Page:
“Together, these results indicate that the variant favors the use of dietary choline for CDP-PC synthesis at the expense of betaine synthesis.” [ref]

FMO3 – Flavin-containing monooxygenase

Check your genetic data for rs2266782:  (23andMe v4, v5):

  • A/A: a greater turnover of betaine to methionine and a greater turnover of choline-derived methionine to PEMT-PC
  • A/G:  a greater turnover of betaine to methionine and a greater turnover of choline-derived methionine to PEMT-PC
  • G/G: normal

“While a previous study from our group suggested that the variant might be associated with increased use of choline as a methyl donor in men (based on increased DMG pool size) [43], results from the present study, indicate that women with the variant actually use choline less as a methyl donor. Variant women tended to have a lower turnover of betaine → methionine over the study period. In addition, variant women exhibited a greater turnover of choline-derived methionine → PEMT-PC over the study period, which is consistent with previous findings from our lab that have identified lower methionine excretion among variant individuals (i.e., greater use of methionine may reduce excretion)” [ref]

MTHFD1 – methylenetetrahydrofolate dehydrogenase, cyclohydrolase and formyltetrahydrofolate synthetase 1

This is actually an enzyme in the folate pathway, but it affects your need for adequate choline in the diet.

Check your genetic data for rs2236225 (G1958A): (23andMe v.4 and v.5)

  • A/A: decreased MTHFD1 enzyme stability[ref] more of a reliance on choline as a methyl donor
  • A/G: decreased MTHFD1 enzyme stability[ref] more of a reliance on choline as a methyl donor
  • G/G: normal

Carriers of the A allele are more likely to have choline deficiency on a low choline diet (modified by folate intake) [ref] [ref]  In one study with premenopausal women, those with an A-allele were 15 times more likely to show choline deficiency symptoms on a diet low in choline.


Food and supplements:

Excellent (egg-cellent :-) sources of choline in foods include:  eggs, liver, shitake mushrooms, milk, and various meats.  [ref]  Raw egg yolks are a better source of choline than cooked, but there are drawbacks, especially if you don’t know the source of your eggs.

Choline supplement options include CDP-choline, phosphatidylcholine, alpha-GPC, and choline citrate. is a good source of information on the different types of choline.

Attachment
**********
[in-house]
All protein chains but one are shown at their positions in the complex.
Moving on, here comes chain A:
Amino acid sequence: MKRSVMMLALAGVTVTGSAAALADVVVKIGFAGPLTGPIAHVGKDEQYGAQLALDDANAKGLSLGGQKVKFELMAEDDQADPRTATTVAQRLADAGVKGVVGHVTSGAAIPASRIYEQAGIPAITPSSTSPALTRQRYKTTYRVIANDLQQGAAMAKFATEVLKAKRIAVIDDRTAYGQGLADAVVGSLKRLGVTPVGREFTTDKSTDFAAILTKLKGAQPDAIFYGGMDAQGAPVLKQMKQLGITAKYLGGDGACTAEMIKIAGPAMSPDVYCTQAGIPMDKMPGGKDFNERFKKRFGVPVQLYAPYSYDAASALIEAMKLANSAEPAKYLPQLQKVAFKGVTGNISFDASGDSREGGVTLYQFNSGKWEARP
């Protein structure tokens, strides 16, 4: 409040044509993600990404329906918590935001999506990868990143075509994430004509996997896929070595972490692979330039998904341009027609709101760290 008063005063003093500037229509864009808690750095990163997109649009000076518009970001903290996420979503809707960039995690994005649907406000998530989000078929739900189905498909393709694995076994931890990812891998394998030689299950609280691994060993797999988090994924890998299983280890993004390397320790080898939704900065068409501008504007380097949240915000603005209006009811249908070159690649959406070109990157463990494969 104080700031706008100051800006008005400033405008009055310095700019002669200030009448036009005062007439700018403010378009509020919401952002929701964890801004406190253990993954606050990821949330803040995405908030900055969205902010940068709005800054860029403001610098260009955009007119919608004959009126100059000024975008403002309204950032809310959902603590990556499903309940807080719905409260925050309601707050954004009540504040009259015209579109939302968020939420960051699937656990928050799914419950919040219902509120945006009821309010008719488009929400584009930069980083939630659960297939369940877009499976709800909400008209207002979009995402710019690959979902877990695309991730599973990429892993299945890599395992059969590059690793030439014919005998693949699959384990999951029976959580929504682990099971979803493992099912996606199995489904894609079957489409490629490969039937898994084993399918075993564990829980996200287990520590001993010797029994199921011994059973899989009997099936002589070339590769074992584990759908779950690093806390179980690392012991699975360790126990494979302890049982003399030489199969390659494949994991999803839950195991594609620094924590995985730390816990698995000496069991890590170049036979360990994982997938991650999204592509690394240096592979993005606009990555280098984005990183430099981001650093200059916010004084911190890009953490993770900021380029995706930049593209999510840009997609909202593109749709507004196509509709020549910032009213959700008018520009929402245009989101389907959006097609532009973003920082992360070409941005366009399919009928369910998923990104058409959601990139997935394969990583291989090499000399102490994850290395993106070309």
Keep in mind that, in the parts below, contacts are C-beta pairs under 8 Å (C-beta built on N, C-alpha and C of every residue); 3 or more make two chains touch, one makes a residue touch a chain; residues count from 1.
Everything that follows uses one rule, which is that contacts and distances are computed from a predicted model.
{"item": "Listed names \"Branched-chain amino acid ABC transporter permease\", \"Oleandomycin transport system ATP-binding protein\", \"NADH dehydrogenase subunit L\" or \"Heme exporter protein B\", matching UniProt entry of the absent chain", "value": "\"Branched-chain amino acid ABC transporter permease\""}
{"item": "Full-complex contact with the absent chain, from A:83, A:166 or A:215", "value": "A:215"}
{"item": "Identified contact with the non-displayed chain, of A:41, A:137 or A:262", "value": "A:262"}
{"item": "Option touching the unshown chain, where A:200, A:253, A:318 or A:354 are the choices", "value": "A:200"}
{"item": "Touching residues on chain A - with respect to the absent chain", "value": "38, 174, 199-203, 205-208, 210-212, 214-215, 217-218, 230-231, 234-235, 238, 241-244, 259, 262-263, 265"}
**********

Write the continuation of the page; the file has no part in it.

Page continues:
More to read:

Dr. Amy Yasko also has a lot of information about the role of choline in the methylation cycle.  Her view is that MTHFR variants can be bypassed using choline if a person doesn’t have BHMT or PEMT variants. Her free book Companion Guide: Feel Good Nutrigenomics is a good place to start, and her full book Feel Good Nutrigenomics as well as videos, etc can be found on her website.

Linus Pauling Institute (University of Oregon) – Choline

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4 Comments on “Choline – An Essential Nutrient

  1. I’m finding that upping acetylcholine is being a great help to me. I’m rotating CDP choline and Huperzine A. Having recently learned I’m positive for Lupus Anticoagulant and thinning my blood with herbals and this combination – some very complex issues are greatly improving.

    Here’s a link to a thread on Health rising where some of us are finding this to be beneficial.


  2. I am trying to figure out which choline to take. I am very deficient. My FMO3 t/t,BCHE t/t, I am allergic to sulfur foods and medications. I am scared because so many genes are coming up with Alzheimer, dementia. My MTRR A66g is t/t. Have increased phosphatidyletha-o-amine values, Triphosphatase is t/t. I cannot figure out where the methylation problem is, sulfur or phosphurous? Then how do you help clear the pathway. I have not found a B vitamin I can take. My C677T is t/- , L432V is t/t. How do you follow Choline pathway. I would greatly appreciate any input! So confused

    • I have Molybdenum in high doses initially (1000mcg+) per day to help immensely with sulfur issues.

  3. A very scientific approach to describing Choline, its benefits and how it works. This article is very informative and useful. Thank you for posting this.